Dear Yaw

Should FGM Be Abolished?

Dear Yaw

I’ve been reading your column religiously and your replies actually hit the nail on the head so I’m hoping
you’Il be able to help me. My mother died from complications due to FGM when giving birth to me.

My grandmother raised me and when I was 14 she and a group of women took us to the forest and performed puberty rites on us. At the time I was told FGM prepares you for womanhood and by undergoing this practice it makes me a better woman for my husband but it’s just the opposite.

I have painful sex anytime my husband and I are together. Having my daughter was a life and death experience. This is a barbaric practice against women and I want it to stop.

My daughter is getting close to puberty and I don’t want her to go through the pain I did. At the same time, I want the women in my tribe not to think less of her as a woman. How do I tell them the risk of FGM
outweighs upholding the tradition of womanhood?


Hi Mamuna

Well, you speak of a tragic problem that is still widespread. I am sorry to read of your mother’s death and your own circumstances as a result of FGM. I am also glad that you are powerful enough to defend your daughter and to know that change is necessary.

Unfortunately, violent problems of this nature are not easily resolved because, like so many problems that are deeply embedded in cultural practices, people have been scared into believing that they are important and they have trouble even considering that things might be done differently.

As you obviously realize including, tragically, from your own experience, FGM is a painful and very violent and harmful practice, with terrible lifelong consequences. It is also based on wrong information that has been widely circulated for a very long time and is believed by many people. These beliefs are held in place by fear. The fear of what people believe will happen to a girl or young woman who does not suffer this violence.

Hence, as with so many problems discussed in this column, while truthful information will play a part in ending this violence, the fact is that those who still engage in it need to feel the fear that makes them believe that FGM is important or necessary. That means that someone needs to listen to each person who believes in FGM so that they can feel their fear and thus cast it aside in order to behave powerfully to end FGM. See ‘Nisteling: The Art of Deep Listening’.

Given that many, perhaps even most, women in your tribe believe this practice is necessary, it will be valuable if each woman can have someone ‘nistel’ to her. How this comes about will vary.

As a matter of interest, do you think it would be possible to call a meeting of tribal women to discuss the issue? Would you be able to present information with reasons why FGM should not be done to anyone? Or is there a local person knowledgable about these things who could be invited to speak to the group?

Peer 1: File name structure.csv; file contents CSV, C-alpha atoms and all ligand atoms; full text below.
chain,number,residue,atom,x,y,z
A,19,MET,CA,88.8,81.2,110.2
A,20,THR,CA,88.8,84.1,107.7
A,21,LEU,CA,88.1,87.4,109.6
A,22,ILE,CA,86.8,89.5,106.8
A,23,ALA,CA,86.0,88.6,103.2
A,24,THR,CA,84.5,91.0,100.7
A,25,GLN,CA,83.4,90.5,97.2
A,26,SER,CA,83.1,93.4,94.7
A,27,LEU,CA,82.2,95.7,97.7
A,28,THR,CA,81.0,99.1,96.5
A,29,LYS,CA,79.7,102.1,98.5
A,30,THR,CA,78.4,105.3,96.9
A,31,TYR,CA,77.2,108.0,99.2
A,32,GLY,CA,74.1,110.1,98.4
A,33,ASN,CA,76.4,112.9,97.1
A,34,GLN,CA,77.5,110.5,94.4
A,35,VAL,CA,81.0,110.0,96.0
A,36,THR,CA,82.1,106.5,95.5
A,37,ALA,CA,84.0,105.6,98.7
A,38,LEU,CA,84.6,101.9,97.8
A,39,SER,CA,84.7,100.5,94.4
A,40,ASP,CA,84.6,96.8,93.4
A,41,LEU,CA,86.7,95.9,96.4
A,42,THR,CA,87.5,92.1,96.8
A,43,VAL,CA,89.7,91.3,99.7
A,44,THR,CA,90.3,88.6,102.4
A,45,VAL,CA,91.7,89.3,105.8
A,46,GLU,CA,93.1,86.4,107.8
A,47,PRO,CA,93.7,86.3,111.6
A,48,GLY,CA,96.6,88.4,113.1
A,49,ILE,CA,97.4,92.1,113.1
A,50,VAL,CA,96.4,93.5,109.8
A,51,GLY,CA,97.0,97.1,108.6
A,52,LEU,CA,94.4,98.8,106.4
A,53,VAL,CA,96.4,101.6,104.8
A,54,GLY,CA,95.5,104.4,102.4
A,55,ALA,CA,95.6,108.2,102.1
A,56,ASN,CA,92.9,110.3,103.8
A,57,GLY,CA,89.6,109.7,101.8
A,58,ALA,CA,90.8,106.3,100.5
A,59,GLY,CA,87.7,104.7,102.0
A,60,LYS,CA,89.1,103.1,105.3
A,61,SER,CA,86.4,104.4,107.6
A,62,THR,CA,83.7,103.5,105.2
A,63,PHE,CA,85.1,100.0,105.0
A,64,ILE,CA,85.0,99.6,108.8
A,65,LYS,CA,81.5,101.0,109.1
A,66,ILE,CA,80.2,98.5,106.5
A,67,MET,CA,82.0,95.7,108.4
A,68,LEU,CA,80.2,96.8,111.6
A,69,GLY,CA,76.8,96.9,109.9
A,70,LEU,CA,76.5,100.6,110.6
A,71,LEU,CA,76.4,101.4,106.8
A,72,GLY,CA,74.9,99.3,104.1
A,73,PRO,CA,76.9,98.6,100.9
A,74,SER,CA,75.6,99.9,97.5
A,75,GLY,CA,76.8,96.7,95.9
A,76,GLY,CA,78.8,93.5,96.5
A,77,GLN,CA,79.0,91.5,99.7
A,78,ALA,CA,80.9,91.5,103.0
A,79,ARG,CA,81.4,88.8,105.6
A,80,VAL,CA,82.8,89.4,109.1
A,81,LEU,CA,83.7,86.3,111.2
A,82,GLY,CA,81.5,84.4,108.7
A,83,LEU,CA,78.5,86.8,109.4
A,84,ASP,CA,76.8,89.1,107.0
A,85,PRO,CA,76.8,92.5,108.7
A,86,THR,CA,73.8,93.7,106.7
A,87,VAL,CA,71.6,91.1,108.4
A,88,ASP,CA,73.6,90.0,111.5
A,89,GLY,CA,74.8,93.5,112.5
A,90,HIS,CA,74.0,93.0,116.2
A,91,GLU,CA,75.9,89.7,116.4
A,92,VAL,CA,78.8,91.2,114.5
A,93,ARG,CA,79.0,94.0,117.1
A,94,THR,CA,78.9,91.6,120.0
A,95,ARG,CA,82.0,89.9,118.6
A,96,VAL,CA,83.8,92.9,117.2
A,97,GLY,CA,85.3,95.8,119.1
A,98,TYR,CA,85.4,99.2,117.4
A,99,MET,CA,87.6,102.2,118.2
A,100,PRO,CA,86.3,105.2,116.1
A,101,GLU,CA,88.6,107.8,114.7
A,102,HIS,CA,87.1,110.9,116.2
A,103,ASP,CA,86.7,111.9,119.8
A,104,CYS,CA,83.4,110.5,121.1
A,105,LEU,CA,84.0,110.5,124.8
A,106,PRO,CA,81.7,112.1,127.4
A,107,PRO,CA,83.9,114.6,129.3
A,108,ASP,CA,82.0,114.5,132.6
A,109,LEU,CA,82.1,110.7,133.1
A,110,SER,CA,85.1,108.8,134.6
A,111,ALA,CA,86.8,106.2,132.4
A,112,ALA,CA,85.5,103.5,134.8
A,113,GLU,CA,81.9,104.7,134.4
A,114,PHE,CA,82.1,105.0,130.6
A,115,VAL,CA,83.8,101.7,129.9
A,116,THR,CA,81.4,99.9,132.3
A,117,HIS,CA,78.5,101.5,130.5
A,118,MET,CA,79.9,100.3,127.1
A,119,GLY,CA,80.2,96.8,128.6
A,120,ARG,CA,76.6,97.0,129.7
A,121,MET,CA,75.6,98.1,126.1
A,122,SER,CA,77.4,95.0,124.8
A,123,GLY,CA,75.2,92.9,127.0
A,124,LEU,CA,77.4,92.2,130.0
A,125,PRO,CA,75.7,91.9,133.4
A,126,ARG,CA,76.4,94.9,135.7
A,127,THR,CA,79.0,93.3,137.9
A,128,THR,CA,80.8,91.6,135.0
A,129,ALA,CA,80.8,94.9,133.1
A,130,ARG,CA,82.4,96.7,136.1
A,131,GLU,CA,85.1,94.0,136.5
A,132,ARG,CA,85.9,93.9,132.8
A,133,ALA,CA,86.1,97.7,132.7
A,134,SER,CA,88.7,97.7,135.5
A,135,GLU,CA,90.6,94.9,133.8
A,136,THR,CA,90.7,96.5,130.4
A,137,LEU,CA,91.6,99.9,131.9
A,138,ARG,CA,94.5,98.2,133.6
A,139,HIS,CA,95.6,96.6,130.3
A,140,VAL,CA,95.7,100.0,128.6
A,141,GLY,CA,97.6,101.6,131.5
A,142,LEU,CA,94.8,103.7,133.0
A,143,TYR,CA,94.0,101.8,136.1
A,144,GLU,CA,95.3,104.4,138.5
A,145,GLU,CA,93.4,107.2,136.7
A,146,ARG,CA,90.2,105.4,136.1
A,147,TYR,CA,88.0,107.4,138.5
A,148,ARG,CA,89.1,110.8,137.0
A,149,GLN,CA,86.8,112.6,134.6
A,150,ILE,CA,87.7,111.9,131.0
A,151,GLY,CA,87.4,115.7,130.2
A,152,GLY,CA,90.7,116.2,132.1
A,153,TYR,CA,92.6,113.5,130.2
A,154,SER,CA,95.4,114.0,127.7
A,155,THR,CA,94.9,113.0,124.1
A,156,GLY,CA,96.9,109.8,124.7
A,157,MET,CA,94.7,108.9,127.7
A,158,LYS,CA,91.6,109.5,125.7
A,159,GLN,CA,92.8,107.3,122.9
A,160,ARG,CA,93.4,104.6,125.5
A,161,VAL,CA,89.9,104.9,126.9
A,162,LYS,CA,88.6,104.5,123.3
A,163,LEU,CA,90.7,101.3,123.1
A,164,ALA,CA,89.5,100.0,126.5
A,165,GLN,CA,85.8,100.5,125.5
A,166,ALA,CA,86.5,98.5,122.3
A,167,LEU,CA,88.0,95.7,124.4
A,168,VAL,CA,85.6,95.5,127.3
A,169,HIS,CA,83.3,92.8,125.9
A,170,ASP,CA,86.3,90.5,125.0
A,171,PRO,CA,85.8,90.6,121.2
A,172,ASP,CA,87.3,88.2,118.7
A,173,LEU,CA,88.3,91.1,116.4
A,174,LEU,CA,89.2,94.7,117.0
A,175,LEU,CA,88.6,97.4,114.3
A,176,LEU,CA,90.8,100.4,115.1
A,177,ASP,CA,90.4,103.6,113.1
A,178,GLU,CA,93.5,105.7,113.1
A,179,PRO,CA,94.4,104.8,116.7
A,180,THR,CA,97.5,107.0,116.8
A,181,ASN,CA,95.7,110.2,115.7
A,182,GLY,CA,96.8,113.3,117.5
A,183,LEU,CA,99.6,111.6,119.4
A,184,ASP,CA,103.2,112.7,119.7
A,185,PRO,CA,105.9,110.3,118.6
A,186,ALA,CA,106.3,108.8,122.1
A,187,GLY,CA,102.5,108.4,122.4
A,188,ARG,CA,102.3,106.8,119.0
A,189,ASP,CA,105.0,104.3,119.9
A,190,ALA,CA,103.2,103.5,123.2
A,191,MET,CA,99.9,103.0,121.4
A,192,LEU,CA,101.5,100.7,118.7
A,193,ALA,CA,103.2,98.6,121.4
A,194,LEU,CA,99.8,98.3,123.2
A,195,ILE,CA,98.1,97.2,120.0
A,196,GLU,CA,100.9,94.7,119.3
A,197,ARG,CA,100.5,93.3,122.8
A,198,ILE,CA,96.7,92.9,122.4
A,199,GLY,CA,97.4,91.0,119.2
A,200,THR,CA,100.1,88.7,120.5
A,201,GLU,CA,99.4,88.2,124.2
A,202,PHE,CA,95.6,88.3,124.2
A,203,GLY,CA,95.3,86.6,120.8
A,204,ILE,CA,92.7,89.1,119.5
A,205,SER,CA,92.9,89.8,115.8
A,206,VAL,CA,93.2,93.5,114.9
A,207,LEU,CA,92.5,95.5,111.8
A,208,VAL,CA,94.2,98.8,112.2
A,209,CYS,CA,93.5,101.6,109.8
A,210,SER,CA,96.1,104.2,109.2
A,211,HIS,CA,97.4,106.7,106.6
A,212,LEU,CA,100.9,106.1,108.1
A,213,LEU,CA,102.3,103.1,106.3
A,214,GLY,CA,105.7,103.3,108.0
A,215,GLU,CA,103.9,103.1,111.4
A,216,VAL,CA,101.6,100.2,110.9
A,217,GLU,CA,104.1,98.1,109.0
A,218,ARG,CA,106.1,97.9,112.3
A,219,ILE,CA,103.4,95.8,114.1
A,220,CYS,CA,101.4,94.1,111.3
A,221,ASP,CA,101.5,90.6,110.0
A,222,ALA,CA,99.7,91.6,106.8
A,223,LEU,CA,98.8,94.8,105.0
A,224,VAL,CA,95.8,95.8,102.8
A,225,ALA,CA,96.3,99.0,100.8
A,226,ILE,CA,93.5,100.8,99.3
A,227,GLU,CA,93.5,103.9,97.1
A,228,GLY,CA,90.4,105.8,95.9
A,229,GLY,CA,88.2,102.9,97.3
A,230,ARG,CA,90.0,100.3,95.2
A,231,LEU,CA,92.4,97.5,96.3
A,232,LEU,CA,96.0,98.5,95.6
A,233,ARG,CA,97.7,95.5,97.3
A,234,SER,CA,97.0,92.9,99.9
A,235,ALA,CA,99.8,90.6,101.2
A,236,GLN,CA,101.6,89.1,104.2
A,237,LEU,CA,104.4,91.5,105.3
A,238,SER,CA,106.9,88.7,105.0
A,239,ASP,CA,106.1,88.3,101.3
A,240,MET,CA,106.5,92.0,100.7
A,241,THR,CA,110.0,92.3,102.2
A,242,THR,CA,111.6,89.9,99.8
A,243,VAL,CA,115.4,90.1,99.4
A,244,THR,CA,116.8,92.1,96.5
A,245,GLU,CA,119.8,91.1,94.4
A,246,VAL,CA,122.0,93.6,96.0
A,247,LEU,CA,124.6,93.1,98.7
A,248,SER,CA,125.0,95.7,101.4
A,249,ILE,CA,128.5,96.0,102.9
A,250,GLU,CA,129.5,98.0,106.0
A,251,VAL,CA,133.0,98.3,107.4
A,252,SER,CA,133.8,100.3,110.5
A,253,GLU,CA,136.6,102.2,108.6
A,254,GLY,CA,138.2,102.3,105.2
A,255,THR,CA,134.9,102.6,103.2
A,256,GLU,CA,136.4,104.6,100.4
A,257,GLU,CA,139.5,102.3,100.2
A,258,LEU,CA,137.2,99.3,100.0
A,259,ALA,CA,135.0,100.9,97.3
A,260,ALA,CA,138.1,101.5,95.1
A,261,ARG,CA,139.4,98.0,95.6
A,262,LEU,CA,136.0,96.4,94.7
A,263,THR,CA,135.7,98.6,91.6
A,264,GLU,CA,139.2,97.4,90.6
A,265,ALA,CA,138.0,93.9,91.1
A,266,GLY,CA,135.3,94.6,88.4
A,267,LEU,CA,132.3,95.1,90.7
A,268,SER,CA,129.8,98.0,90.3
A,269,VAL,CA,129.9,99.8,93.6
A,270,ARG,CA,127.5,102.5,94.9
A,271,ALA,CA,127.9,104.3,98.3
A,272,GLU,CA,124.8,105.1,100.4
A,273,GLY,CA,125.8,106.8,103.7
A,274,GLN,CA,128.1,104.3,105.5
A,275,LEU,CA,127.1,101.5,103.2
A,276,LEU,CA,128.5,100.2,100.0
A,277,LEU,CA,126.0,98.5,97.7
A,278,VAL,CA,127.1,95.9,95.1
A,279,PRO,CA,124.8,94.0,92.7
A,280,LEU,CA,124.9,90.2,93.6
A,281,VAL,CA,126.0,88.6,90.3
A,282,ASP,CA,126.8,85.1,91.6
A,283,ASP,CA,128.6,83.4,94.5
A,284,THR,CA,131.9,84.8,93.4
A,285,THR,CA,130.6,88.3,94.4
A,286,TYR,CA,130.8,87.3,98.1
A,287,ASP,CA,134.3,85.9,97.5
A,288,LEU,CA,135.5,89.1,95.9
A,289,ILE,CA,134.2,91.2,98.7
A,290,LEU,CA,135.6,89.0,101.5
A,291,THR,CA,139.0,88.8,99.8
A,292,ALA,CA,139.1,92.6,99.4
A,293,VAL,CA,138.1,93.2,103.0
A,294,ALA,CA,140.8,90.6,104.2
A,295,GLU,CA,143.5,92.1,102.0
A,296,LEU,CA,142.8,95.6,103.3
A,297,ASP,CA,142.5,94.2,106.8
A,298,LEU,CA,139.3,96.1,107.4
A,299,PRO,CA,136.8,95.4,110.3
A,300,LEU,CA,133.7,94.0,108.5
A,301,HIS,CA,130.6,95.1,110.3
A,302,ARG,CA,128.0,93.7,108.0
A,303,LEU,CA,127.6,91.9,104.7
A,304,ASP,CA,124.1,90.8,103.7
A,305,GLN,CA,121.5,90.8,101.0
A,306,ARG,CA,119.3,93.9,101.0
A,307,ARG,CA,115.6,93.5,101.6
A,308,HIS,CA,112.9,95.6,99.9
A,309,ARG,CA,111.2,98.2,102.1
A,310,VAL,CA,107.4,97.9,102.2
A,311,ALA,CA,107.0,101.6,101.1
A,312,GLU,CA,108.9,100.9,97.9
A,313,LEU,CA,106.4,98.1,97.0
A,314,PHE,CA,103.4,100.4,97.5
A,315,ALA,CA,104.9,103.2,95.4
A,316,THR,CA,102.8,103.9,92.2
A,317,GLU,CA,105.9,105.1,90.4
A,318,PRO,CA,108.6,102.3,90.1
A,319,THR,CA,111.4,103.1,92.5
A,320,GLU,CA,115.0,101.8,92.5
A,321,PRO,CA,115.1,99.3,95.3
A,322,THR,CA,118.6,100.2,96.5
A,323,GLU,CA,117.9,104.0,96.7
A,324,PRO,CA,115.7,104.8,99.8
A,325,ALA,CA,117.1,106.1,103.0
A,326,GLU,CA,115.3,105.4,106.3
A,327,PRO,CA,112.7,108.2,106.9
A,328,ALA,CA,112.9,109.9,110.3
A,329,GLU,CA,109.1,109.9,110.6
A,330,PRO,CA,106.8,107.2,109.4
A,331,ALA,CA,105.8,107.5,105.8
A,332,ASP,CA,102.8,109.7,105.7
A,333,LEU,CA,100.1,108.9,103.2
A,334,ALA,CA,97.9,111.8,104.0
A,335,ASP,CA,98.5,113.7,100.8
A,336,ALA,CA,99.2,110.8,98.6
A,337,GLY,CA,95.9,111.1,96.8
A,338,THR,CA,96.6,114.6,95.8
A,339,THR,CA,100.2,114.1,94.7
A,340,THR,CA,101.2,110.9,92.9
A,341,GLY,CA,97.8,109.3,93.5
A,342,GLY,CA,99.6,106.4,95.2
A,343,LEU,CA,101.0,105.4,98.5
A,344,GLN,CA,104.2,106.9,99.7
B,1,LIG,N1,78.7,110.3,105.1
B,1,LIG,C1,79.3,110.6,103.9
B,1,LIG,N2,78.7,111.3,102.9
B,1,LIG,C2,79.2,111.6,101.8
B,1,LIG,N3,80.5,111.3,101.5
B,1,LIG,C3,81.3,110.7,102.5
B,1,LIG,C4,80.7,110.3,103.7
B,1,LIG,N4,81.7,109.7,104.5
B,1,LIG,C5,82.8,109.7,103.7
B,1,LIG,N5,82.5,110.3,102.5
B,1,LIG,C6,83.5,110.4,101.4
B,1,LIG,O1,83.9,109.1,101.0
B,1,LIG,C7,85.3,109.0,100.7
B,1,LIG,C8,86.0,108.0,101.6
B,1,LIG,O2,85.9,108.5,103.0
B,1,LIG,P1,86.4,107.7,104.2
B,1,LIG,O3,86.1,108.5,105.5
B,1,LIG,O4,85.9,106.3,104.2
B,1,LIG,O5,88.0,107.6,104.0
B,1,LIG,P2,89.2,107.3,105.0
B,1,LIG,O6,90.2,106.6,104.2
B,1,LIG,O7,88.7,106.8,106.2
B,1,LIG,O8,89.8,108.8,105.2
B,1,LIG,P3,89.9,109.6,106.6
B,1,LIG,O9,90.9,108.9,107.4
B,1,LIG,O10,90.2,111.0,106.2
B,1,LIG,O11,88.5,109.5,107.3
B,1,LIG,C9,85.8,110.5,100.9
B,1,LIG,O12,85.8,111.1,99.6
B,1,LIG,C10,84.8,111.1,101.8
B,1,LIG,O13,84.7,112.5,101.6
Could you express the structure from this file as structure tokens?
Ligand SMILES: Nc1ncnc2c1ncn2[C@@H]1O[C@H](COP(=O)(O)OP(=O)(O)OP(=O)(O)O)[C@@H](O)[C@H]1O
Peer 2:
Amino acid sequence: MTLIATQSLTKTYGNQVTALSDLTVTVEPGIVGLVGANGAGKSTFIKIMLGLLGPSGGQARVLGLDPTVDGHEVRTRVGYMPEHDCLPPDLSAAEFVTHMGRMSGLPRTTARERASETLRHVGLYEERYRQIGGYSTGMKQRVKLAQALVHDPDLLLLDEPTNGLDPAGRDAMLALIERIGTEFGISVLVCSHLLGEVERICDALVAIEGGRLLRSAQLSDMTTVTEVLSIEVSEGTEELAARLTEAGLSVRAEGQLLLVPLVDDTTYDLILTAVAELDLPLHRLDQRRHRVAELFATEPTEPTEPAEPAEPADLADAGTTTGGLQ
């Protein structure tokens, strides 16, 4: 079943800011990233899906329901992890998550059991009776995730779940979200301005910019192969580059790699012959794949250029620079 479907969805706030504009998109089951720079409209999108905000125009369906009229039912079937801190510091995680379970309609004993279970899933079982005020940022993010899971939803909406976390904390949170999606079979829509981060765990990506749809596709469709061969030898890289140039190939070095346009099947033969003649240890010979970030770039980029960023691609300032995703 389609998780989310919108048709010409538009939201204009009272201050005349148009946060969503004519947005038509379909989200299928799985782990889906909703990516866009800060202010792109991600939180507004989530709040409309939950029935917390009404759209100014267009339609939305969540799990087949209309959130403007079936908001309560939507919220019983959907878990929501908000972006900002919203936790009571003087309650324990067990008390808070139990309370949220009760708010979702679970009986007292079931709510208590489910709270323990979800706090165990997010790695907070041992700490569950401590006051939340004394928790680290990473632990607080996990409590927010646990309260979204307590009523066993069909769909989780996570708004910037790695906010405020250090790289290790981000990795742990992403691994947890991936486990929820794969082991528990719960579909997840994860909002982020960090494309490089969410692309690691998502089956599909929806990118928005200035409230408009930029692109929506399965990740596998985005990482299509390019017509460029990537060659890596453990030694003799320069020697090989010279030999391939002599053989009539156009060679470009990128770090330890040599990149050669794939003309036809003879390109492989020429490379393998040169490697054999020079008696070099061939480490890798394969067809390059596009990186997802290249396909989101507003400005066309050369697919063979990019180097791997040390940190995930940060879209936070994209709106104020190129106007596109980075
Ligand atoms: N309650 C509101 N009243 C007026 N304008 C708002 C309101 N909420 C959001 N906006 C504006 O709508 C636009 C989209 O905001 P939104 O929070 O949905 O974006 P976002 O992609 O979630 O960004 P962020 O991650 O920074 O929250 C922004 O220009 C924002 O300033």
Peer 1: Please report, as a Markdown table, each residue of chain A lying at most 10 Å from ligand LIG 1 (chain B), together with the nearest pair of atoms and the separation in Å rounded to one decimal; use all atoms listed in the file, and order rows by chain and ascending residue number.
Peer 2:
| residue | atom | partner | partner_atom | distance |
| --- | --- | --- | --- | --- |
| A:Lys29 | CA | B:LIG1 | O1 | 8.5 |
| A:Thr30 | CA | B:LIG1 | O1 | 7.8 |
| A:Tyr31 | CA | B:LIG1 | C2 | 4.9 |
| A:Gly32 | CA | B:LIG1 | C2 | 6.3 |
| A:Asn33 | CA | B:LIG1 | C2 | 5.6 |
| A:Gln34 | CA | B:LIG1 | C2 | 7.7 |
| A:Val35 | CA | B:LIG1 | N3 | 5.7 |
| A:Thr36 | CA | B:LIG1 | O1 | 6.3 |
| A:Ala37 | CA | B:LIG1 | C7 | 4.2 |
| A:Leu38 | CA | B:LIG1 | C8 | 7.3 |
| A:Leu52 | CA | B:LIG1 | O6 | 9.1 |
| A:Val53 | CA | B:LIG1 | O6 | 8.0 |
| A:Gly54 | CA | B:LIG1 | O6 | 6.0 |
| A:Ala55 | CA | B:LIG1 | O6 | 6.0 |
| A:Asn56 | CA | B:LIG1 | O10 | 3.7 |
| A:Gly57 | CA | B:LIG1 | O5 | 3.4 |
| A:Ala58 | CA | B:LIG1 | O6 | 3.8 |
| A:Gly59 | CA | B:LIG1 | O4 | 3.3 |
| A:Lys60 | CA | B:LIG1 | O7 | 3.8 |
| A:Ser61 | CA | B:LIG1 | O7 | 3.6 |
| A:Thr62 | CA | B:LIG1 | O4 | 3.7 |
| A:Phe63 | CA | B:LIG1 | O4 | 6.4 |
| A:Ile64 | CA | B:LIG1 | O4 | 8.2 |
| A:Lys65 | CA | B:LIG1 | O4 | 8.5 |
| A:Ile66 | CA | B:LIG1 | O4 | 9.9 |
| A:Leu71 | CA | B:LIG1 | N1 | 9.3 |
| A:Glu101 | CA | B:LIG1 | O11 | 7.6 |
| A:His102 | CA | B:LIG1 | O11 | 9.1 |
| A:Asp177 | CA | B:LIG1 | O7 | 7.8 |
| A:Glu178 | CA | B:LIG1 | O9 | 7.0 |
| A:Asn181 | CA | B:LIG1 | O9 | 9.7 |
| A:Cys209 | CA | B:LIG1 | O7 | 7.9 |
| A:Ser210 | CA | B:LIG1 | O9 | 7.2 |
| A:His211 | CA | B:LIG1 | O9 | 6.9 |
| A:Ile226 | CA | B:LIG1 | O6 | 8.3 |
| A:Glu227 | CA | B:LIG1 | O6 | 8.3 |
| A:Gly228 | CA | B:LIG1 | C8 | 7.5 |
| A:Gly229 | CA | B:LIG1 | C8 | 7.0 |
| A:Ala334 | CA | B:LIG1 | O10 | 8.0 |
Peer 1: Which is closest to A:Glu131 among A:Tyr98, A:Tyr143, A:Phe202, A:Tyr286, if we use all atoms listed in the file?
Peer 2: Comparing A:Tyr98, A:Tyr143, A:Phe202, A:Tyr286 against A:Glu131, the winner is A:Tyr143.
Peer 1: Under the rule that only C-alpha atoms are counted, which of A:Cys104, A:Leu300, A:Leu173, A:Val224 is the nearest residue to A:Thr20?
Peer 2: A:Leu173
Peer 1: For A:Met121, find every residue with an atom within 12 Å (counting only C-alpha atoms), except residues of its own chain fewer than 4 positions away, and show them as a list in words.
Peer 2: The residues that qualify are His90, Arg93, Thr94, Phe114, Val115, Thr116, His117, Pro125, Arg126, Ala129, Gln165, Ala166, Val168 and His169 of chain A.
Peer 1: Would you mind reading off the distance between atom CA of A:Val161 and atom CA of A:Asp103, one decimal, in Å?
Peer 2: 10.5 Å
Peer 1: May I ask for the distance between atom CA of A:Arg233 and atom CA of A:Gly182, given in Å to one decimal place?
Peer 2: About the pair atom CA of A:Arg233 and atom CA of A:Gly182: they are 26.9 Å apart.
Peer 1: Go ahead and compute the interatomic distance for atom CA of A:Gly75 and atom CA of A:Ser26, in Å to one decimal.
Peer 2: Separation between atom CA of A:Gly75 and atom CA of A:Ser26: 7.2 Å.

But even if this happens, it is the nisteling to each woman that takes place after or separately from any such presentation that will really make the difference. If a woman feels heard about her fears and concerns, she will be more likely to consider changing her mind.

Would it be possible to have women sit down and talk together about the subject ‘Time to stop FGM?’ As women who think that FGM should be continued talk about their response to this subject, it will be increasingly obvious what scares them. It might be fear of being considered ‘less of a woman’ but there will be many fears for each of them no doubt, such as the fear that they won’t be able to find a husband, the fear that they won’t be able to do certain things and so on.

The important point is that whatever fears each woman has, they each need to be acknowledged, perhaps with a reflection such as ‘You sound scared that women who don’t have FGM won’t be able to marry’. And then the woman or women in this category need to be encouraged to feel their fear. Fear is sometimes easy to recognize and sometimes not. If someone cannot tell they are scared, it might help them to focus on their body: ‘Do you feel any tension in your body?’, ‘Do you feel any pain?’, ‘Can you focus on feeling that tension/pain?’

Questions like these might help a woman to focus on a feeling that she has long noticed but not labeled for what it is. Focusing on the part of her body that is tense or in pain, will enable her to more easily access the fear that the tension or pain is concealing. It may well bring up a childhood memory of something that scared her. If this happens the woman should be encouraged to talk about this experience so that the fear and other feelings (such as anger and sadness) get the chance to be expressed while someone is nisteling. For more information about this process, see ‘Putting Feelings First’.

Anyway, as I hope you understand, while people are scared, their beliefs and attitudes about certain things are ‘locked in place’ and unlikely to change. But, if they feel their fear until it becomes less or goes away, they will suddenly find that they can ‘see things differently’.

Feeling this fear until it goes away might take considerable time and might even need ongoing time spread over many sessions.

But for deeply entrenched beliefs such as ‘FGM is an important cultural practice’, the belief is highly unlikely to change without feeling the (always unconscious) fear that holds it in place.

One thing that you and others might find useful to know is this: The people who hold most strongly to the view that FGM must be done are the ones who are most scared. It might not look like this but it is always true: the people who are least able to consider a different way of seeing things are the ones who are most scared.

Consequently, these people need the most and best nisteling.



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